In “Becos de Goiás” he denounces the repressive attitude of the police and the men of the city towards prostitutes and even accuses those directly responsible for the city for the excessive abuse of their power.
In “Coisas de Goiás” he considers and promotes Maria Grampinho as the symbol of women classified among the “good people” as crazy.
Ana Lins – or, we can also use her pseudonym – Cora Coralina – was concerned and, in a way, identified with the marginality of those characters.
Cora Coralina: On the Margins of His Family. On the Margins of Sociedade de Goiás Velho
Ahead of the time in which she lived, she always felt unloved by her mother and sisters. It would not take long to be ostracized by the Vilabo society and to feel the discomfort of its oppression on the skin.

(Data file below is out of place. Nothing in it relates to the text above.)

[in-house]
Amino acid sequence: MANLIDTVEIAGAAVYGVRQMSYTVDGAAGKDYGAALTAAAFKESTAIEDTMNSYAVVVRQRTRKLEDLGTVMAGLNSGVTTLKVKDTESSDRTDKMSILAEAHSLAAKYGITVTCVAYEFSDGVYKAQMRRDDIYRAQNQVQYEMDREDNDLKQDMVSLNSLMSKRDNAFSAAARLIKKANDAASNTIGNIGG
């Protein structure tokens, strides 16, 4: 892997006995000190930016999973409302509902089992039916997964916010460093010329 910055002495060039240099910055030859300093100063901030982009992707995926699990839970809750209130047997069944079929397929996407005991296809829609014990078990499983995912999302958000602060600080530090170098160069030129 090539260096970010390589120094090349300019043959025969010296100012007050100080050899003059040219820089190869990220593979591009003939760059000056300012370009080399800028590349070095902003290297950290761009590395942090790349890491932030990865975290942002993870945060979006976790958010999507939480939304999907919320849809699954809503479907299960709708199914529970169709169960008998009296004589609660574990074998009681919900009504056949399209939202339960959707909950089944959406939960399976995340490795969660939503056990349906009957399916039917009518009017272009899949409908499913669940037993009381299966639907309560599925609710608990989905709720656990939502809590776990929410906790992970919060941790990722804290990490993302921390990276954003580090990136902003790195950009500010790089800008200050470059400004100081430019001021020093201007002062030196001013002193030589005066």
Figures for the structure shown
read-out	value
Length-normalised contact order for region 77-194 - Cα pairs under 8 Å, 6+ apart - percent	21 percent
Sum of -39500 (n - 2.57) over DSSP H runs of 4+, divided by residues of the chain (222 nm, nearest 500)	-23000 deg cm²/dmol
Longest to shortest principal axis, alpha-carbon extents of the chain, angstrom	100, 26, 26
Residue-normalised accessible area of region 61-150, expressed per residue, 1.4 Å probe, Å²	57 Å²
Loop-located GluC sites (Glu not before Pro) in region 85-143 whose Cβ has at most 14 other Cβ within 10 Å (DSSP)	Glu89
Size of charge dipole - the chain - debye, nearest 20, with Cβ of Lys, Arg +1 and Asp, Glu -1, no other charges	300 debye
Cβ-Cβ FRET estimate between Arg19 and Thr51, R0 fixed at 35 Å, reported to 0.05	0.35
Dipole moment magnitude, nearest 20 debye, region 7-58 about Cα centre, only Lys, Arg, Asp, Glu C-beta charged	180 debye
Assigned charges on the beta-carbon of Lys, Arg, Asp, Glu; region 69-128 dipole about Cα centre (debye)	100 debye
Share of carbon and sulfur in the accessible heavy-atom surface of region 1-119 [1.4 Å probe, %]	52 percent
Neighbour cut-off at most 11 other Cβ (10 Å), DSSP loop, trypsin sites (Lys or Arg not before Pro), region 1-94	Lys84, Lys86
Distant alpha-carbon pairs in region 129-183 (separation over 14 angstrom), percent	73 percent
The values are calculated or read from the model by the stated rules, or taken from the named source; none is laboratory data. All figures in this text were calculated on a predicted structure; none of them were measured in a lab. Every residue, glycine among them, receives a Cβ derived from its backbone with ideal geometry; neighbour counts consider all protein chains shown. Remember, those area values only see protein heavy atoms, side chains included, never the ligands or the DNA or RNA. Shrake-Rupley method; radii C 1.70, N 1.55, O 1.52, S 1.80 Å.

Everything started when he was 20 years old and he got involved with the lawyer Cantídio Tolentino de Figueiredo Bretas, a previously married man with children in São Paulo, the new Chief of Police of Goiás.
After several meetings in literary gatherings and others, more intimate, Ana Lins became pregnant. Her mother tried to stop the romance. She forbade her to meet Cantídio.
Dissatisfied as usual, Ana Lins asked Maria Grampinho for help, who facilitated the couple's escape to the state of São Paulo.
They lived in the municipalities of Avaré; and Jabotical for 45 years. During this period, they had six children. Two of them died shortly after birth.
Shortly after moving to São Paulo, the couple was caught by the São Paulo revolution. He was forced to spend a few weeks locked in a hotel.
The determination to participate in political destinies was in Ana Lins' genes.
Eight years later, she enlisted as a nurse, the most honest and practical way she could find to participate in the Constitutionalist Revolution of 1932, triggered during the first presidency of Getúlio Vargas.